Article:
In addition to our technical support (e.g. via chat), you’ll find resources on our website that may help you with your design using Dlubal Software.
Frequently Asked Questions (FAQ)
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AnswerThere are many ways to define a member for a surface. One of them is to move the surface a small part of the original plane and to add a coupling. The workflow is illustrated in the video.
AnswerThe cause may consist in the definition of member eccentricities. For a better overview, the origin lines are automatically hidden for eccentric members. In some cases, it may appear that a member end is not sufficiently supported (see Figure 01, left). However, the meshed line acts in the background. This can clearly be displayed by hiding the members in the Display navigator (see Figure 01, right).In Figure 01, the line at the common node has not been geometrically separated. For this reason, there is no graphical connection line representing the eccentricity, which would result in this case. However, because of the setting displayed in Figure 02, the node is still meshed with the vertical member.To visualize the graphical connection line, it is recommended to divide the member or line at this node (see Figure 03).
In the case of a ground failure analysis or soil contact stress analysis, the 'equivalent surface' is determined in RF‑/FOUNDATION Pro in order to calculate the soil contact stress.If the foundation dimension is smaller than twice the load eccentricity 'e', the 'equivalent surface' or the 'effective foundation' cannot be determined. In this case, you receive the corresponding error message.In most cases, the problem is that a user has entered too small dimensions of the foundation plate.To remedy the problem, you can manually set greater dimensions. Or select the 'Dimensioning' feature.
AnswerThe axes, to which the support rotations and support eccentricities refer, are preset to the local member axes, which can be displayed with the button under the partial view. However, they can also be switched to the global axis system.
The setting of the load application specified in the Details refers to the principal axes of the respective cross-section. For a Z-section as an example, a box with nine edge nodes is set around the cross-section. The load application is then always related to the rotated principal axis angle and the corresponding eccentricities.
In a 2D model XY with the degrees of freedom (uz/fx/fy), no eccentricity can be defined. The eccentricity usually results in an axial force that is not covered by these degrees of freedom.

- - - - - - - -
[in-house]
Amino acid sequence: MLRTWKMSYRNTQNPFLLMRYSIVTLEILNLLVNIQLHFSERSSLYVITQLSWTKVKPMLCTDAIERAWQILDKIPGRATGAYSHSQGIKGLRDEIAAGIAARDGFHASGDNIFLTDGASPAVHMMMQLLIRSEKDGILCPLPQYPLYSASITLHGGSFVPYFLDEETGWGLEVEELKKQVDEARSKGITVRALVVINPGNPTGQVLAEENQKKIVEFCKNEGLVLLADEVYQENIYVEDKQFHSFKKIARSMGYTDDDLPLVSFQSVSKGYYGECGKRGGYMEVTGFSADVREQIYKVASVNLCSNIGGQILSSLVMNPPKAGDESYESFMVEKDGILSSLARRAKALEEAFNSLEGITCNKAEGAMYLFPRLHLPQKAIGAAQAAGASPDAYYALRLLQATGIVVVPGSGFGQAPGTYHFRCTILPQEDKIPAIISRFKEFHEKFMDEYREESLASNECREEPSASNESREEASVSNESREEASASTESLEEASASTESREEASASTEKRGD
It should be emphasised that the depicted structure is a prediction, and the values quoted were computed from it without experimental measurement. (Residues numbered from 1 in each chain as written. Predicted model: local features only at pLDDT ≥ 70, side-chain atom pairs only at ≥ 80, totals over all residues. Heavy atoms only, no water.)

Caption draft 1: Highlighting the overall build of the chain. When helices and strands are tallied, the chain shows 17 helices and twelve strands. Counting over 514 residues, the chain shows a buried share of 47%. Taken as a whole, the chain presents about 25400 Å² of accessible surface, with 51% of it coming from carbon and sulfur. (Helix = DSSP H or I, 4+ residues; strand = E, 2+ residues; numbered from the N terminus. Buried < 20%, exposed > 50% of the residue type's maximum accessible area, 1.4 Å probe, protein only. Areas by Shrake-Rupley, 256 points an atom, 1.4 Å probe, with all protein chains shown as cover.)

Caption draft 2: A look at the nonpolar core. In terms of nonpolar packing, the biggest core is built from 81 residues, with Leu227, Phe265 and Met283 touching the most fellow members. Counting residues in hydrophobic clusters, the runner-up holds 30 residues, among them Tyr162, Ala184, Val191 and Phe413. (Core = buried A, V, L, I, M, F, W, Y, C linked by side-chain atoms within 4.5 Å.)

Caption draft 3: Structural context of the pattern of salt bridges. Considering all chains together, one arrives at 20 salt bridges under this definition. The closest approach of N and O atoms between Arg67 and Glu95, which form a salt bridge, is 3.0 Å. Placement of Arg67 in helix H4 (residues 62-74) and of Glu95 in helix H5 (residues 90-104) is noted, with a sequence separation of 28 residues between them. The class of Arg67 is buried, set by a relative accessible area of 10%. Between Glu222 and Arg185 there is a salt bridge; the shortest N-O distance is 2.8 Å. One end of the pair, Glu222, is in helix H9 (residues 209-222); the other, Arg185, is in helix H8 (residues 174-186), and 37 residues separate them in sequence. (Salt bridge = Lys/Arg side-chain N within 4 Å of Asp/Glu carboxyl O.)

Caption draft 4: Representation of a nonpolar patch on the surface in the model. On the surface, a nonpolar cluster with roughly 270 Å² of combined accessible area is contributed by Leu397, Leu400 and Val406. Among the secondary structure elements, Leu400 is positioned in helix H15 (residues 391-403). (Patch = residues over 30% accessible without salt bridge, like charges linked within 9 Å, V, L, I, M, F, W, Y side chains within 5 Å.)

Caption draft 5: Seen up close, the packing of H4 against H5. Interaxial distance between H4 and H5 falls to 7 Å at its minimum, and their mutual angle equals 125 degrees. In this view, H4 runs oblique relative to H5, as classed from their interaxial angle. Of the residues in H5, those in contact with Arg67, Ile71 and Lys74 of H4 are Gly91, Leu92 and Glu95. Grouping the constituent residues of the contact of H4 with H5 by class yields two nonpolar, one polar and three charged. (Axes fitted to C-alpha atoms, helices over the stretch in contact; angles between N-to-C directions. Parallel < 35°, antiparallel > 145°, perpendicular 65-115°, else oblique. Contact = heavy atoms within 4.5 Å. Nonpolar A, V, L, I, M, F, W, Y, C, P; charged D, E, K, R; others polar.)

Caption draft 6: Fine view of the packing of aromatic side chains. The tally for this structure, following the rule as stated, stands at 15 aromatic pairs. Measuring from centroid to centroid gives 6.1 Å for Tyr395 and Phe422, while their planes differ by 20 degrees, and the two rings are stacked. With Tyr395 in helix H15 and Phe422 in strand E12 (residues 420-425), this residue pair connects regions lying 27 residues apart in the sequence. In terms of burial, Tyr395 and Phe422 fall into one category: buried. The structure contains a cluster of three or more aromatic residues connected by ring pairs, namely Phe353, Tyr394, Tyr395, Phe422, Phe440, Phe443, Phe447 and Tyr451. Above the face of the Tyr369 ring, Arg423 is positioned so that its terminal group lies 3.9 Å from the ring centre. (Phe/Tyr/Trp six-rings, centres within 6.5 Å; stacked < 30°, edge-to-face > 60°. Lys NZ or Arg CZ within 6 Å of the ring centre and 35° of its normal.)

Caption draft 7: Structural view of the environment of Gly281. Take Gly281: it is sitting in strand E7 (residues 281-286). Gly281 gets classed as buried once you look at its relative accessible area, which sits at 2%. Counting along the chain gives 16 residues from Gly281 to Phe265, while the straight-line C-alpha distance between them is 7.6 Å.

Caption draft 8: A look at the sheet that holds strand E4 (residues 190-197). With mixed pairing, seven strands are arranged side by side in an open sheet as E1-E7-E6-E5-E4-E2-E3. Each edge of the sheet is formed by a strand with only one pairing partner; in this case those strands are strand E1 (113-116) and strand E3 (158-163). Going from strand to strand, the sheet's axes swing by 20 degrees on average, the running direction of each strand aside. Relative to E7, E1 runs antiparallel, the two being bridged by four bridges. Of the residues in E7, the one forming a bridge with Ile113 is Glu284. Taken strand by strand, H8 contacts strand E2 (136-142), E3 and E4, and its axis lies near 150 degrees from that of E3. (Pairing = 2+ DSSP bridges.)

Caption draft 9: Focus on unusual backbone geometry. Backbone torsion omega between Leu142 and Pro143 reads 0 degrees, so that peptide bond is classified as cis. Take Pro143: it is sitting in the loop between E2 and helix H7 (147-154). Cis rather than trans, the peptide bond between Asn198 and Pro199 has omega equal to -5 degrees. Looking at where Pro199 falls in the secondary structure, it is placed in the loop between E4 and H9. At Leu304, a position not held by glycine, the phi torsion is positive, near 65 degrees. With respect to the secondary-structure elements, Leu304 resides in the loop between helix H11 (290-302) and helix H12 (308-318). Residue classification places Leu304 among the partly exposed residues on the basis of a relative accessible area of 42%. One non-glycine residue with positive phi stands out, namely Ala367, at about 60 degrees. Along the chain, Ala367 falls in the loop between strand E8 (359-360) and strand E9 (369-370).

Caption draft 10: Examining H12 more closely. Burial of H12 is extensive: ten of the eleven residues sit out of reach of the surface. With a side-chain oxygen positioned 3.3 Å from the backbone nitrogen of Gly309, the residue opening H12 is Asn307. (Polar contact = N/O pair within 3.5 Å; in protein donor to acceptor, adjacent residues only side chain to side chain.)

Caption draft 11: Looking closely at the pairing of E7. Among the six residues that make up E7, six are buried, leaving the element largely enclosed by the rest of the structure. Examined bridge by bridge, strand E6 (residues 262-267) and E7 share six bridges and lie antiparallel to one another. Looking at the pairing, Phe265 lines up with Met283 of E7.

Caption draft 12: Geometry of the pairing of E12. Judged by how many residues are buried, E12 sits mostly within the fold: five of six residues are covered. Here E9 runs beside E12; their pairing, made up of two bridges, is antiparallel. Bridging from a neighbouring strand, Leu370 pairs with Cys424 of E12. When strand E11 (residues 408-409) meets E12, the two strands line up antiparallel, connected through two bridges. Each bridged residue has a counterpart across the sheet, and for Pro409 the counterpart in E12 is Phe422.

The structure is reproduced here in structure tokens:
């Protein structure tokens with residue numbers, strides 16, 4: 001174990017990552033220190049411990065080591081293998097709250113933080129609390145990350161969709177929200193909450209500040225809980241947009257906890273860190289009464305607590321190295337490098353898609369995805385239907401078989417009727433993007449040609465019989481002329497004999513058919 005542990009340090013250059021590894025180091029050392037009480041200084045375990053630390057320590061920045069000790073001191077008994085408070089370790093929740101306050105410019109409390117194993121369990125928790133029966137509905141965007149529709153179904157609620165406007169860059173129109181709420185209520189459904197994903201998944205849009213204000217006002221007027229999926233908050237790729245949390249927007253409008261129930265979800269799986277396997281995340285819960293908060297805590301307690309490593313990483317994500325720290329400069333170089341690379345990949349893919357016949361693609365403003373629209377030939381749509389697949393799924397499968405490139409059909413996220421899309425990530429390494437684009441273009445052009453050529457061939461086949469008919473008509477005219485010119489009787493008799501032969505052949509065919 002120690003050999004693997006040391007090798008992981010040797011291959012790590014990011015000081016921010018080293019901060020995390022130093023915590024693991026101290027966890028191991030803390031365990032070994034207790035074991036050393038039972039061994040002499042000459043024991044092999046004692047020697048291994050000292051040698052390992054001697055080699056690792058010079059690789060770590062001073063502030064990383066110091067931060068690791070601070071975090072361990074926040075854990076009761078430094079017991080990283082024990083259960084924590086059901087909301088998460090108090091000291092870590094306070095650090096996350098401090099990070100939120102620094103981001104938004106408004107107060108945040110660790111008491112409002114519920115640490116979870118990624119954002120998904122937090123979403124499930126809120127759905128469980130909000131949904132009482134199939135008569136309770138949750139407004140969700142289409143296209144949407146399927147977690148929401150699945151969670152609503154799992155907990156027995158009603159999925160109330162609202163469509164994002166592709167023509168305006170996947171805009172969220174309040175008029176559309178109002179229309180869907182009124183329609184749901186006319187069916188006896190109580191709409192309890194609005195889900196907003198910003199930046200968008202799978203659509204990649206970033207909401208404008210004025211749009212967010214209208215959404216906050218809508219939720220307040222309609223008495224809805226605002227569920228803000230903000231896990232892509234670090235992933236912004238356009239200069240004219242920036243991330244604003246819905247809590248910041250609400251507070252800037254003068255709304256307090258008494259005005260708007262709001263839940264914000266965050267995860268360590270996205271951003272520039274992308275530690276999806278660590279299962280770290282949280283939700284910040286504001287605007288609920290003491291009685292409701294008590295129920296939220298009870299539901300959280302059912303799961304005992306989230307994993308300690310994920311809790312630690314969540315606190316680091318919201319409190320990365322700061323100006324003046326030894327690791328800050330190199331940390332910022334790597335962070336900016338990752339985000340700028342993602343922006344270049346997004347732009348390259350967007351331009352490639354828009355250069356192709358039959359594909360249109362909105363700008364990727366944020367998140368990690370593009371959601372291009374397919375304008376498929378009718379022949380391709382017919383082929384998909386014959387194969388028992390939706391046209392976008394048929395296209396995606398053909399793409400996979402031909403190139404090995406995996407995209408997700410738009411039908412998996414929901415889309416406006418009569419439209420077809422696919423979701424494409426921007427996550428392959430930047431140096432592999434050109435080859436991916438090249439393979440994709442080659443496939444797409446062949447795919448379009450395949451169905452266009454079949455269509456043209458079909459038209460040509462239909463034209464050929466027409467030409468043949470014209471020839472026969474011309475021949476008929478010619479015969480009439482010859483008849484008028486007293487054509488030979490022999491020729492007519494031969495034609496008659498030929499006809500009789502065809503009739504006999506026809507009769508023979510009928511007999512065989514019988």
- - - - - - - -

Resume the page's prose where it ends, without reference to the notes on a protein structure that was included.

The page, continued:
You should also be careful when using ribs. In contrast to the 3D model, the effective width also changes the stiffness of the structure.
Therefore, it is generally better to calculate the downstand beam structures in a 3D model.
AnswerWe want to give the user as much freedom as possible for controlling the designs in RF‑/FOUNDATION Pro. The relevant designs according to EN 1992‑1‑1 and EN 1997‑1 are activated by default when creating a new case.These can be partially deactivated. On the one hand, if the design is not required due to the structural specifics of the foundation. On the other hand, due to the testing or verification purposes.However, it should be noted that it is necessary to activate at least one Geotechnical design according to EN 1997‑1.
AnswerFor member hinges where the reference system is related to the local member axes, the release is set directly on the member start or member end. If the hinge is to act directly on the node, the reference system must be related to the global axis system.
AnswerPlease check the entry of loads in the '1.4 Loading' dialog box in the 'Characteristic Values' tab.A possible source of the error is that you have selected individual load cases for the design (that is, for example, self-weight, wind, and so on). Or these load cases are additionally set as 'Permanent'. See Figure 01.Now, the program applies both load cases for the design of the first core width.This is not correct. The design of the first core width only requires the application of the load from one permanent action.For the design of the second core width, the load from a 'permanent and variable combination' is used. It means that you need either a load combination (CO) or a result combination (RC) for this. The entry of a load case (only wind here) is also wrong, since the favourably acting vertical component of the loading is missing. Therefore, you get too large foundations or have to enter a high loading as a 'permanent load' to meet the design.So if you should create a CO for this situation, in which the 'permanent and variable actions' are together and apply these for the design in FOUNDATION Pro, pay attention to the assignment of this CO to a 'permanent + variable action'. See Figure 02.
There are basically two options:
- The use of member eccentricities, see the article Considering eccentricities of members and surfaces
- In the case of, for example, differently defined member hinges in combination with different dimensions of offsets, the use of couplings or rigid members may help, see Figure 1 - Solid model and Figure 2 - Wireframe model
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Wind Simulation & Wind Load Generation
With the stand-alone program RWIND Simulation, wind flows around simple or complex structures can be simulated by means of a digital wind tunnel.
The generated wind loads acting on these objects can be imported to RFEM or RSTAB.
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